Everyone is feeling overwhelmed by the public health crisis taking over the globe.
We’re here to distill confusing health information and make it easier to take action — starting with clearing up two phrases used interchangeably: “face mask” and “face covering.” The two aren’t the same, and their protection level against contracting COVID-19 isn’t the same either.
This article will explain the differences between face masks and face coverings, so you can protect yourself and others, whether at home or in public settings.
This article talks you through the following:
- What is a Face Mask?
- What is a Face Covering?
- Face Mask Vs. Face Covering
- Where is it Mandatory to Wear a Face Mask or Face Covering?
According to the CDC’s recommendations, and based on findings from many studies conducted since the beginning of the worldwide pandemic, the spread of COVID-19 is minimized when wearing face coverings and face masks.
So, which should you choose and why?
Let’s start with clearing up what they mean.
What is a Face Mask?
People use the term “face mask” to describe anything that goes over the face.
There are ski “face masks” and hydrating skin “face masks” because it’s an unregulated phrase. So, it’s essential to know which face mask effectively protects you and your loved ones from COVID-19.
While there are many options for face masks (like cloth face coverings or a 3-ply surgical mask), the very best is called a “respirator.”
Respirator Face Mask And Benefits
According to the Mayo Clinic, the respirator face mask is the most effective type of face mask.
There are various types of respirators, including N95 respirators, KN95 respirators, FFP1 respirators, FFP2 respirators, and FFP3 respirators.
Click here to see what each of those names means. (ADD LINK TO ULTIMATE GUIDE)
These respirators are the most effective because of their extreme level of protection against aerosols and respiratory droplets.
They filter more than 95% of tiny infectious particles out of the air and are labeled with a “Particle Filtration Efficiency” level of greater than 95%.
Originally designed to help protect from tiny particles and aerosols in construction sites and laboratories, many of these masks are not labeled “medical grade” simply because they were designed outside of medical use.
But rest assured, respirators with a particle filtration efficiency (or PFE) of greater than 95% are the gold standard for protecting against the COVID-19.
Because they filter small airborne particles, they keep you safer when you find yourself indoors and unable to adhere to physical distancing.
Respirator face masks provide 2-way protection for both the wearer and those around them, even if you’re in close contact. They’re tight-fitting on the wearer’s face, which prevents aerosols from entering or exiting the mask when someone sneezes.
Respirators are a disposable mask, which means they shouldn’t be reused, shared, or washed.
3-Ply Face Masks & Benefits
You’re probably most familiar with 3-ply face masks, which are typically seen in healthcare settings and referred to as surgical or medical masks. They are the second most effective choice of face mask against COVID-19. But they’re a far second because while they help protect people around the wearer, they don’t protect the person wearing the mask.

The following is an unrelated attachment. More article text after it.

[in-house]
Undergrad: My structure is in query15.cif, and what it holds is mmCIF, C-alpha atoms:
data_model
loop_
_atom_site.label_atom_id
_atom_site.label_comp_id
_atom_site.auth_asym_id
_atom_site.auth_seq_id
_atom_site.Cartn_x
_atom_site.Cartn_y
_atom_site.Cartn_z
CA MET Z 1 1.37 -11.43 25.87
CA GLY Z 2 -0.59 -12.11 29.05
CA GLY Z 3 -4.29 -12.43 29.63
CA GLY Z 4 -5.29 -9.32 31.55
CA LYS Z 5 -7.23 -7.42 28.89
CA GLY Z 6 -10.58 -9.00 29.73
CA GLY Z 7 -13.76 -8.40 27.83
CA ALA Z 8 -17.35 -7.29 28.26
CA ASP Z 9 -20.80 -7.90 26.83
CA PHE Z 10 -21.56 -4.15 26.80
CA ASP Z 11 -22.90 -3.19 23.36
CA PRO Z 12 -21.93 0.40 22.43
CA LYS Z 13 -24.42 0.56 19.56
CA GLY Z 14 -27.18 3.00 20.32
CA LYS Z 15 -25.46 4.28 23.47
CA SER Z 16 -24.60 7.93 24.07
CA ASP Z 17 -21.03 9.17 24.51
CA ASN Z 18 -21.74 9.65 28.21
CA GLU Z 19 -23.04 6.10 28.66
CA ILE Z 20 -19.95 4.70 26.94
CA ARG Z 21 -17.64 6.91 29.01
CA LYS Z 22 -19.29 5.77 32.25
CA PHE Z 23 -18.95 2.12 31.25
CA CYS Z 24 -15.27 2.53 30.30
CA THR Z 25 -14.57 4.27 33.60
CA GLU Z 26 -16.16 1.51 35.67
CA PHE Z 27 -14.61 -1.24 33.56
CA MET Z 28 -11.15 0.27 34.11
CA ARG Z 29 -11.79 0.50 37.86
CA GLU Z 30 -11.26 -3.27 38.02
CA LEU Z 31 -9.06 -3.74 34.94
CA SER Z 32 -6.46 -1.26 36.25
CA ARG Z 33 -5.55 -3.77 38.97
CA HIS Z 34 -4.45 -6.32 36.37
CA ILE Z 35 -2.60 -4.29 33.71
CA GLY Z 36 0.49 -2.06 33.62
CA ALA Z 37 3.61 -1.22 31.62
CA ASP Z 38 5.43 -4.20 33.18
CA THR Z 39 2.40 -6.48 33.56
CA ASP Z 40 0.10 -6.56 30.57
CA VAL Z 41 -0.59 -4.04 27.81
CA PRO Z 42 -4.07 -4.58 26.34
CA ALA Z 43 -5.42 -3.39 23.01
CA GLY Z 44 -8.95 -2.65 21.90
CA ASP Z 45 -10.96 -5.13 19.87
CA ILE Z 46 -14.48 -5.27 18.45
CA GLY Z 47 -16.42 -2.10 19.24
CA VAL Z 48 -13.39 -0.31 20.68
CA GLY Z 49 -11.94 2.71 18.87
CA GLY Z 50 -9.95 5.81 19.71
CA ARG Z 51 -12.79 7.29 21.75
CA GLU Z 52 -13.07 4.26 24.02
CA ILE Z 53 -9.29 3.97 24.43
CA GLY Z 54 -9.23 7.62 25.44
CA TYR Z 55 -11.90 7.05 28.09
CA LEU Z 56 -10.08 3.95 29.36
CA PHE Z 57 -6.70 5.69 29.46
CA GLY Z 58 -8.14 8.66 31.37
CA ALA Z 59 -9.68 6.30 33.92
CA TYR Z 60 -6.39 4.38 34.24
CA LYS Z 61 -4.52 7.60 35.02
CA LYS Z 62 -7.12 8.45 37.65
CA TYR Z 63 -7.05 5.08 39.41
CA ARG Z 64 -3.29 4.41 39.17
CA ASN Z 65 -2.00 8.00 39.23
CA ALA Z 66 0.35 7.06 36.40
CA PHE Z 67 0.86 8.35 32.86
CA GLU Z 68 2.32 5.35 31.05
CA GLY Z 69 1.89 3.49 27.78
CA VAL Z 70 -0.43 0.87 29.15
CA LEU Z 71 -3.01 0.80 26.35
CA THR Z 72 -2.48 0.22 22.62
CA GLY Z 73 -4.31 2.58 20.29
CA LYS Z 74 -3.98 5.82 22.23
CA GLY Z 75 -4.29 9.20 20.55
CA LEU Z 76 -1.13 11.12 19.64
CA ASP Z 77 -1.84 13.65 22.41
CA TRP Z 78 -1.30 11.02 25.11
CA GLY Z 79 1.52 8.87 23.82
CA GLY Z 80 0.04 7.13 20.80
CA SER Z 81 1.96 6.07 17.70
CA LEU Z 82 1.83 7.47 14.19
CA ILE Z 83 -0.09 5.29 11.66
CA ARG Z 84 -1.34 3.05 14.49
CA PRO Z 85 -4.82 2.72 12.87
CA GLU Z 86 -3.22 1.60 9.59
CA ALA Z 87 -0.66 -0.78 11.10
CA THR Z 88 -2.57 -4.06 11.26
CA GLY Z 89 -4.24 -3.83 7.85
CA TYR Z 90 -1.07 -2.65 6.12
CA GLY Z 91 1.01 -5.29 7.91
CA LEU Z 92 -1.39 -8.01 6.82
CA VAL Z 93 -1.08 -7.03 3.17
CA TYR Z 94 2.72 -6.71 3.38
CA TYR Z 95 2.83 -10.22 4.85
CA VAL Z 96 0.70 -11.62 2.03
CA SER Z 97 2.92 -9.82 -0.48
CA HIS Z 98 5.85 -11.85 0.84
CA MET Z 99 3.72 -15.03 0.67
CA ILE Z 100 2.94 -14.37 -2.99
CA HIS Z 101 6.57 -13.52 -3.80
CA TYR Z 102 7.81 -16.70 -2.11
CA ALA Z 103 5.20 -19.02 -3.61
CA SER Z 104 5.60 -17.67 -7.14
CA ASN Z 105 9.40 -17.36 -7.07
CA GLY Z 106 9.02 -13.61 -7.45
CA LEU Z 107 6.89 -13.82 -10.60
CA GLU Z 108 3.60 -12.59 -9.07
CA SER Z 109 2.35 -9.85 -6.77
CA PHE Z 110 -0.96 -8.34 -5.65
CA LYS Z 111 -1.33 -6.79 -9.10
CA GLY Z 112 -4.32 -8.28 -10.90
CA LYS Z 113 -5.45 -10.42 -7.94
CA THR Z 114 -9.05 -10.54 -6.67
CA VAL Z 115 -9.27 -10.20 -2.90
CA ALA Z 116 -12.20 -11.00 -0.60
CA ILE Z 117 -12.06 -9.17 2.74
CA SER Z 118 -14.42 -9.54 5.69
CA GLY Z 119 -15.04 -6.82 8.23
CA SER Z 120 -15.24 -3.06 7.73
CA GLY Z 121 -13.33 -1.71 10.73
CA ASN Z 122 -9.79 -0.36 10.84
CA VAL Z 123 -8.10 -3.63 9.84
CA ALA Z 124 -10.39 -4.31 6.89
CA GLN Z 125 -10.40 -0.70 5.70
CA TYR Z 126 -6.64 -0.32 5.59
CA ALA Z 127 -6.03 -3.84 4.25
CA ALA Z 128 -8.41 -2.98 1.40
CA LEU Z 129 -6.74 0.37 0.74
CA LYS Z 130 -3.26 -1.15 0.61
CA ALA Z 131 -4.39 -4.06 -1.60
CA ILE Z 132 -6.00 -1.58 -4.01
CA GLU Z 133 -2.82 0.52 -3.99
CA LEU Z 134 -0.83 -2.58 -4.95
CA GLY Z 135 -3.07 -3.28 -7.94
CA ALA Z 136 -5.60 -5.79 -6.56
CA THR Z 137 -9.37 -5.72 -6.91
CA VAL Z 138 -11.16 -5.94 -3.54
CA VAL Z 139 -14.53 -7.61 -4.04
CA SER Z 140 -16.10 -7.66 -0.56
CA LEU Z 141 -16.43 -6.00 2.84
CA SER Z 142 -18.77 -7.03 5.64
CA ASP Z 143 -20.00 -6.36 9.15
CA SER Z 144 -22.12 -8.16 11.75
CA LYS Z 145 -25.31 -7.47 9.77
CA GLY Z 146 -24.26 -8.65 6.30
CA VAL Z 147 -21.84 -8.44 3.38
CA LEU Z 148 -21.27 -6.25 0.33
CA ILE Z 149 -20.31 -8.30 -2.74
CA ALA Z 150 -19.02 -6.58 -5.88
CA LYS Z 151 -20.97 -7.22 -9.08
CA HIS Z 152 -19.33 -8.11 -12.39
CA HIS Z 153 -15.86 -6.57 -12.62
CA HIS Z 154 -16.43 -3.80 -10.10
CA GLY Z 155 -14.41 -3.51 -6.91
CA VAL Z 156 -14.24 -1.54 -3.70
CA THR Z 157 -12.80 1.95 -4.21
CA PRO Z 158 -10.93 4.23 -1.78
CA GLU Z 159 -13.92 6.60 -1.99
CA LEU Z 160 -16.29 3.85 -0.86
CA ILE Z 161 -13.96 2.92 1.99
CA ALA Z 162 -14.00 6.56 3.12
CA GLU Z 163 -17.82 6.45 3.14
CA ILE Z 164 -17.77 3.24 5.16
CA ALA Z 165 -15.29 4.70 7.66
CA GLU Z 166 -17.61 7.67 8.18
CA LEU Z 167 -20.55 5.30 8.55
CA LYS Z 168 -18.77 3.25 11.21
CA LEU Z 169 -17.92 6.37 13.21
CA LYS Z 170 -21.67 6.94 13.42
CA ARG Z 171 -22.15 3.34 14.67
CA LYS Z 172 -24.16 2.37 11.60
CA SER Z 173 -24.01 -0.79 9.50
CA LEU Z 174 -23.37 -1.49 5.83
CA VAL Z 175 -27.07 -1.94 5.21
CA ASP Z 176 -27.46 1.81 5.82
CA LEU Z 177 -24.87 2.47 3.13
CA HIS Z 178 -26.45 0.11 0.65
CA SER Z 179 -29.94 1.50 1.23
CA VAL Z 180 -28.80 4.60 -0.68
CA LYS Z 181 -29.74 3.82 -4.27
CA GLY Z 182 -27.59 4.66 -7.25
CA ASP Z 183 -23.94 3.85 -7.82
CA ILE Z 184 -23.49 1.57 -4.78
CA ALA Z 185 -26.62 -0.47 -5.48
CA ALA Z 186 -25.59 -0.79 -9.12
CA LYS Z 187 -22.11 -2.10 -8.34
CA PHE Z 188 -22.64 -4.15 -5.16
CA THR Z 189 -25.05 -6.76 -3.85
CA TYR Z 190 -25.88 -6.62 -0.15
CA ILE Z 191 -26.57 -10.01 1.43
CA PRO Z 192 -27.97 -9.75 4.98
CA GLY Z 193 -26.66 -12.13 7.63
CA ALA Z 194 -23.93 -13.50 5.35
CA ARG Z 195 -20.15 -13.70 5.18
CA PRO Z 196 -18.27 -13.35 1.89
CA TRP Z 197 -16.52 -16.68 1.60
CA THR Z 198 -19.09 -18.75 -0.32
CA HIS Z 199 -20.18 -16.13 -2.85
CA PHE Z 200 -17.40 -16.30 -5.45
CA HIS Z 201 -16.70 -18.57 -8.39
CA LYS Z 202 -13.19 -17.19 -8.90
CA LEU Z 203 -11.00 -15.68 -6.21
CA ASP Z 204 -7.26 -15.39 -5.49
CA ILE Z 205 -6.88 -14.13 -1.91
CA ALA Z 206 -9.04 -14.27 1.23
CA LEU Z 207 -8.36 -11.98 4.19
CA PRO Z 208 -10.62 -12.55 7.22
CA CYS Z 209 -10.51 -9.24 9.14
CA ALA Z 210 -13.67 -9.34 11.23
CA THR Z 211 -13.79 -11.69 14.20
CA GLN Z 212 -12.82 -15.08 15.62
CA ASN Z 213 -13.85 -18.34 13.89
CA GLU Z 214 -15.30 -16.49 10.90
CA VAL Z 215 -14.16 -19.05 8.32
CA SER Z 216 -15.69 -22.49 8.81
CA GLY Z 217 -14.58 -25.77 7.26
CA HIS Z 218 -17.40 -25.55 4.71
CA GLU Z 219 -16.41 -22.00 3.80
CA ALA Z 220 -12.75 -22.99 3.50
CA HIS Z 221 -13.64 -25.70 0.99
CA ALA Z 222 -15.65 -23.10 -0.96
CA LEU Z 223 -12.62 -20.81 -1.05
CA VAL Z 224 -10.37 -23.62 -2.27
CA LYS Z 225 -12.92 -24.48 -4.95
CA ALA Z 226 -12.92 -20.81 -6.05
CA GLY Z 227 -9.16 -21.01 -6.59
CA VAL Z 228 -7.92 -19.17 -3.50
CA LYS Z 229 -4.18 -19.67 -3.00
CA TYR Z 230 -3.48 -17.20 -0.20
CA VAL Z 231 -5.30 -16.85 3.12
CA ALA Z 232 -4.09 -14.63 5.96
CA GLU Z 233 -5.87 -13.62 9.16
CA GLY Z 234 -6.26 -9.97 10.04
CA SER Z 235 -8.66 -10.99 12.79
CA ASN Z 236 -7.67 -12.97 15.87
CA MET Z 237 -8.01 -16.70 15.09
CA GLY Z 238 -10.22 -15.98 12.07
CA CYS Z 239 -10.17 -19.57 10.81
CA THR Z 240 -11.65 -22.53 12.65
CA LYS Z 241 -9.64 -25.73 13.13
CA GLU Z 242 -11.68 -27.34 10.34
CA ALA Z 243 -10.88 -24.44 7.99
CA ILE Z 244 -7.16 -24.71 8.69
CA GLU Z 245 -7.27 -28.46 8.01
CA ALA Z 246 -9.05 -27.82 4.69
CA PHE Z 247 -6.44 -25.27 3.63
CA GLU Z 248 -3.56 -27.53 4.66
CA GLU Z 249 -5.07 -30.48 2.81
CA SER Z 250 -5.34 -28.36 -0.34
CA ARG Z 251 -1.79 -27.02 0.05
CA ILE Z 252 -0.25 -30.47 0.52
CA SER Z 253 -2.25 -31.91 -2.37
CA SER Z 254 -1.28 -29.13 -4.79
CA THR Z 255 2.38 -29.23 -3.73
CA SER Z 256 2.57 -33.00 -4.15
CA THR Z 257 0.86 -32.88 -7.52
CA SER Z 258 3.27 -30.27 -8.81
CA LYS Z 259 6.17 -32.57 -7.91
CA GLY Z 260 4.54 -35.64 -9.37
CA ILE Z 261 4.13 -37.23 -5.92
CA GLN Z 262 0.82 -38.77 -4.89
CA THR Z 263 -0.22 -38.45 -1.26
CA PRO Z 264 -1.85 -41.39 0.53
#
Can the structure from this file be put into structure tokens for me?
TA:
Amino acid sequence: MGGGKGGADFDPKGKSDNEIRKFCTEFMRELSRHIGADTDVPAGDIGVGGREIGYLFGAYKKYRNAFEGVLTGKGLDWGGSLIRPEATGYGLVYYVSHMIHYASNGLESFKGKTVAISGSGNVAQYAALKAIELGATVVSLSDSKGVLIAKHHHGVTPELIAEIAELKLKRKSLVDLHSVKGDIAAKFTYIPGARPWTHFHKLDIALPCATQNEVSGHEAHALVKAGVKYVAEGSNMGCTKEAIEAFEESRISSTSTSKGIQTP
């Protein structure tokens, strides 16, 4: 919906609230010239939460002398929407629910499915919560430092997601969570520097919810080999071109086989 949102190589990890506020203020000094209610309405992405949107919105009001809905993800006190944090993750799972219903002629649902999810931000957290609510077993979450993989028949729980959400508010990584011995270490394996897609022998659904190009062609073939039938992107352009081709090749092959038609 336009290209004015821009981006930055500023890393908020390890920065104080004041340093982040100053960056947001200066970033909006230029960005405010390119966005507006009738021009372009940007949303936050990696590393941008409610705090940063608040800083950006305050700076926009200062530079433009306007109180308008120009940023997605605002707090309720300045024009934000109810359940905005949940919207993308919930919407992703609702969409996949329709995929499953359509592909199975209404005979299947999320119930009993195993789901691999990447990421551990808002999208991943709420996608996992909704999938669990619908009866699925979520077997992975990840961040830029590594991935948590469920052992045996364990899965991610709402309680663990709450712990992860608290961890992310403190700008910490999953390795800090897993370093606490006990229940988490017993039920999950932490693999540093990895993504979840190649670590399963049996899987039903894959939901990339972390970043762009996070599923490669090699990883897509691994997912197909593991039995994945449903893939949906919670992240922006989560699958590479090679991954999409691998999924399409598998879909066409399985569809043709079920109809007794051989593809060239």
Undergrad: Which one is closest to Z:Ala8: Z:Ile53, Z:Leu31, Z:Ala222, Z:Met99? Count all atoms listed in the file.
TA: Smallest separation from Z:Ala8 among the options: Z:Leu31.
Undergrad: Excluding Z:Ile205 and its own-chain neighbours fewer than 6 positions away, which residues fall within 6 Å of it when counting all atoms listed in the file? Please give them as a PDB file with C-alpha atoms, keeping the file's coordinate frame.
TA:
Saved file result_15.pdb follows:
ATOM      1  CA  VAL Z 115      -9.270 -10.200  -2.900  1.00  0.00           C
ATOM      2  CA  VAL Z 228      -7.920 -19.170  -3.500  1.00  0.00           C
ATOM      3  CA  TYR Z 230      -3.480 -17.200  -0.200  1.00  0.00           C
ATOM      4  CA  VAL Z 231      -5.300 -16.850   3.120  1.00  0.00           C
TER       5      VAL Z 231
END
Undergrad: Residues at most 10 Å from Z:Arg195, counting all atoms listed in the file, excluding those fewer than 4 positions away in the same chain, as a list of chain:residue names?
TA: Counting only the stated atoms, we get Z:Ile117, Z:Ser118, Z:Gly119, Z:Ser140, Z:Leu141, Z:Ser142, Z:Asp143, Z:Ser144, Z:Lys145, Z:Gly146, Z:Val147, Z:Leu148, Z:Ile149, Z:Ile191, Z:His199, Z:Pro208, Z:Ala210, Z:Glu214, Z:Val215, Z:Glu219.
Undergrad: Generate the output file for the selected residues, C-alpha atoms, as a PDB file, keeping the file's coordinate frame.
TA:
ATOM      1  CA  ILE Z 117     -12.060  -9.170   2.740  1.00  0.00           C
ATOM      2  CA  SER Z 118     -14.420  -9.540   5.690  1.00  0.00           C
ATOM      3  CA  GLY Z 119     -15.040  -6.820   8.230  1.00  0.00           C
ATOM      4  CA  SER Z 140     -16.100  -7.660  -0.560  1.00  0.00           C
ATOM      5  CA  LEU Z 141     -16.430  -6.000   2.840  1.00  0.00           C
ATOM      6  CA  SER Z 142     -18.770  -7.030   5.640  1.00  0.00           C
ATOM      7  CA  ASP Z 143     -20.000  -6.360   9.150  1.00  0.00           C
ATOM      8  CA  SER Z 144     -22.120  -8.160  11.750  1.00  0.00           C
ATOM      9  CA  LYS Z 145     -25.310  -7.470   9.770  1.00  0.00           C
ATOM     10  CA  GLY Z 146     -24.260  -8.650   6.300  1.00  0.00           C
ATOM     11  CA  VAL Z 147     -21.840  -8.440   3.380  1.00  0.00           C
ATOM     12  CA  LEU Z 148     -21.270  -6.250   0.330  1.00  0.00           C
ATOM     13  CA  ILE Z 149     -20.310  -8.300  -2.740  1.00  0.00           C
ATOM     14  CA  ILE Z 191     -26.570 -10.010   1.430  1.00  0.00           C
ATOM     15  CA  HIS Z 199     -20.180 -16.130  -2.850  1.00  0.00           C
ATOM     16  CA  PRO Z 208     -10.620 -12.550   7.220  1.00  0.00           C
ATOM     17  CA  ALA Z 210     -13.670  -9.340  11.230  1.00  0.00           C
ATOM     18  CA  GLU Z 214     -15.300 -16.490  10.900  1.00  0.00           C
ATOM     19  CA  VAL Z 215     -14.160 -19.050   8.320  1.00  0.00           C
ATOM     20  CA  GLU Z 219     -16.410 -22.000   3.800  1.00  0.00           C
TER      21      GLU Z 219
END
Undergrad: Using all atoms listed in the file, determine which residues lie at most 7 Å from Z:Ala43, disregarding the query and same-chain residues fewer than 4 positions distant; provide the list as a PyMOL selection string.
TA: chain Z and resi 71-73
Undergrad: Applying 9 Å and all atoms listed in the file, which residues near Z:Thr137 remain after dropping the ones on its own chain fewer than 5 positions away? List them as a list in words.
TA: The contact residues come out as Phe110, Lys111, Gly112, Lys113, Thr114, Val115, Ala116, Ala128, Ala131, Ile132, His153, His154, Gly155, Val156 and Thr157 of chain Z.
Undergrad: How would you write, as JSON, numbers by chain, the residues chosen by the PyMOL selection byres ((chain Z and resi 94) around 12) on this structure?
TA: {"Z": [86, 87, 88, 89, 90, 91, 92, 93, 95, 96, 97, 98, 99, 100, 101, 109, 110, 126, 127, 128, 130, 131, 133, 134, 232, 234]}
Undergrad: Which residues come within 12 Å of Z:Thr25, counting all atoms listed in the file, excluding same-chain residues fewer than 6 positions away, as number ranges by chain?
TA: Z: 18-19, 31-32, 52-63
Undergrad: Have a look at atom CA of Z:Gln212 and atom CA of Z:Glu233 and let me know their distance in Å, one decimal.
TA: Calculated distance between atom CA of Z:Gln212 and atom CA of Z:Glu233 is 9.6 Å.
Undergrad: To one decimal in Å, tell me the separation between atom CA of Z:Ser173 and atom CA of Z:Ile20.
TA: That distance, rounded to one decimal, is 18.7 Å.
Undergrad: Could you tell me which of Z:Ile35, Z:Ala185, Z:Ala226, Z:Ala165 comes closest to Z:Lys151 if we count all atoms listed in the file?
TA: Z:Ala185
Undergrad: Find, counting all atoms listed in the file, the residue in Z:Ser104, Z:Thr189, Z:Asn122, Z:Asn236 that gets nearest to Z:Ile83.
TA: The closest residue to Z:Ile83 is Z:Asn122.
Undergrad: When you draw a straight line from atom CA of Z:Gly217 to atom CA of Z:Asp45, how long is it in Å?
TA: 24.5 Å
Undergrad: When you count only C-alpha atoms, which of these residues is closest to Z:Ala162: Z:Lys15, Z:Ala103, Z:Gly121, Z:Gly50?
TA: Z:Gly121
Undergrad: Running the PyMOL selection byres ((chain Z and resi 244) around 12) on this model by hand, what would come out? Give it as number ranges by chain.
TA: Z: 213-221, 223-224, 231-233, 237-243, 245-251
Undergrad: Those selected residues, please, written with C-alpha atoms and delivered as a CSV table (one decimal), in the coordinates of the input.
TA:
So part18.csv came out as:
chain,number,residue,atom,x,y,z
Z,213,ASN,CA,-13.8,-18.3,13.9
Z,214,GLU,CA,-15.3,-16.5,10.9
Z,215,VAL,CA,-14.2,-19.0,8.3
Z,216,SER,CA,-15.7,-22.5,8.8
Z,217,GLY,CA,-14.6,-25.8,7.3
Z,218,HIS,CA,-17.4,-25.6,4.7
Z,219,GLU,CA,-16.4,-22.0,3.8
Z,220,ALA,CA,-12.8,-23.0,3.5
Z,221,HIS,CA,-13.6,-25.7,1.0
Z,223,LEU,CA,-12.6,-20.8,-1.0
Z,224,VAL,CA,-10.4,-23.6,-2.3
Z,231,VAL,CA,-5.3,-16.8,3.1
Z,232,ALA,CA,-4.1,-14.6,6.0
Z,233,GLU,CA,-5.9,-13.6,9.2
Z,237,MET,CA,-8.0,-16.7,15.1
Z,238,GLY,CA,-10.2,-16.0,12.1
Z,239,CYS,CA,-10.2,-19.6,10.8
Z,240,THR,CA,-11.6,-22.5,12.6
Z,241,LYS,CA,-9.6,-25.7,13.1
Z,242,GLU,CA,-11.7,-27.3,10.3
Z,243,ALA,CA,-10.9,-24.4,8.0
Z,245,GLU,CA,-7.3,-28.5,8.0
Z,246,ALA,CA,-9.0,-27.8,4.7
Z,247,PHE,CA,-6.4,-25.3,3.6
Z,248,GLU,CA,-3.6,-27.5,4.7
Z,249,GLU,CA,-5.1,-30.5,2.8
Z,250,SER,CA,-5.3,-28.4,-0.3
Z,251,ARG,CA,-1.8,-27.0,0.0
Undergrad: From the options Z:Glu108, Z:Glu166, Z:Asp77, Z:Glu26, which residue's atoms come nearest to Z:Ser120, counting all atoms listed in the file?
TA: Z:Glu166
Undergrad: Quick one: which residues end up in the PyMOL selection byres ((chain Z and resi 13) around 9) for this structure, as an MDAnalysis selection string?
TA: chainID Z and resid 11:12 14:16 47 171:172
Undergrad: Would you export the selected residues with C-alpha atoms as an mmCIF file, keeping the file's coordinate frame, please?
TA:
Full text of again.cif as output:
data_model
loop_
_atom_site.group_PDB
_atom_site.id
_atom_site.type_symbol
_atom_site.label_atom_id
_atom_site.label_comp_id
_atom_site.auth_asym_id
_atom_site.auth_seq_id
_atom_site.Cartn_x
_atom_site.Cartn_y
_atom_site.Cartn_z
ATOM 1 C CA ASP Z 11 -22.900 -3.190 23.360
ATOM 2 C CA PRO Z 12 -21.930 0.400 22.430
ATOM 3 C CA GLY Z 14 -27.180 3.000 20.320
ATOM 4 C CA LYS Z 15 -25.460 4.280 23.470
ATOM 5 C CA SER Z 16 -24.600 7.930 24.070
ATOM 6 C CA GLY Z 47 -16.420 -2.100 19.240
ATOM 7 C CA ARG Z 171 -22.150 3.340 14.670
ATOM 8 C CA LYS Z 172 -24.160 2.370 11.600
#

The 3-ply face mask is rated on a completely different scale than respirators. Instead of Particle Filtration Efficiency, it’s rated on Bacterial Filtration Efficiency.
3-ply masks are measured to filter 95% or more of bacteria, which means that less than 5% of bacteria can penetrate the mask.
Alas, COVID-19 is caused by a virus — which is much smaller in size than bacteria.
So, while they help prevent the spread of COVID-19 to some extent by keeping the wearer from spreading aerosols from sneezing and talking, 3-ply masks don’t stop the wearer from inhaling tiny SARS-Cov-2 particles.
What is a Face Covering?
A face covering is a type of face mask made with tightly woven fabric, such as a washable cloth face mask, but it could be something as simple as using a bandana or t-shirt to protect your face.
Face coverings are made mostly with repurposed materials such as cotton t-shirt fabric or repurposed garments such as scarves and handkerchiefs.
There are no regulations on face coverings, and their effectiveness has not been tested.
Non-Medical Face Coverings & Their Benefits
Face coverings act as a physical barrier between the wearer and those around them. The aim of a face covering such as a washable cloth face mask or scarf is to trap large released droplets when the wearer has released bodily fluids from the nose or mouth.
Cloth masks have no standards and can be made from just one layer of a loosely knit fabric. They are not recommended as a safe option for infection prevention.
Face Masks Vs. Face Covering
The benefits of face masks greatly surpass those of face coverings.
This chart shows the most important things for determining which face mask is the best for protecting you and the people you love.
As you can see, all the respirator masks check the most important boxes:
- They’re tested and certified to filter out the tiny particles that cause COVID-19.
- They fit tightly around the nose and mouth.
- They protect both the wearer and the people around the wearer.
- They’re regulated.
In conclusion, face masks better prevent the spread of COVID-19 when compared with face coverings.
For more information on the donning and doffing of PPE, read our previous blog post: PPE Donning and Doffing.
Cover photo by RF._.studio from Pexels.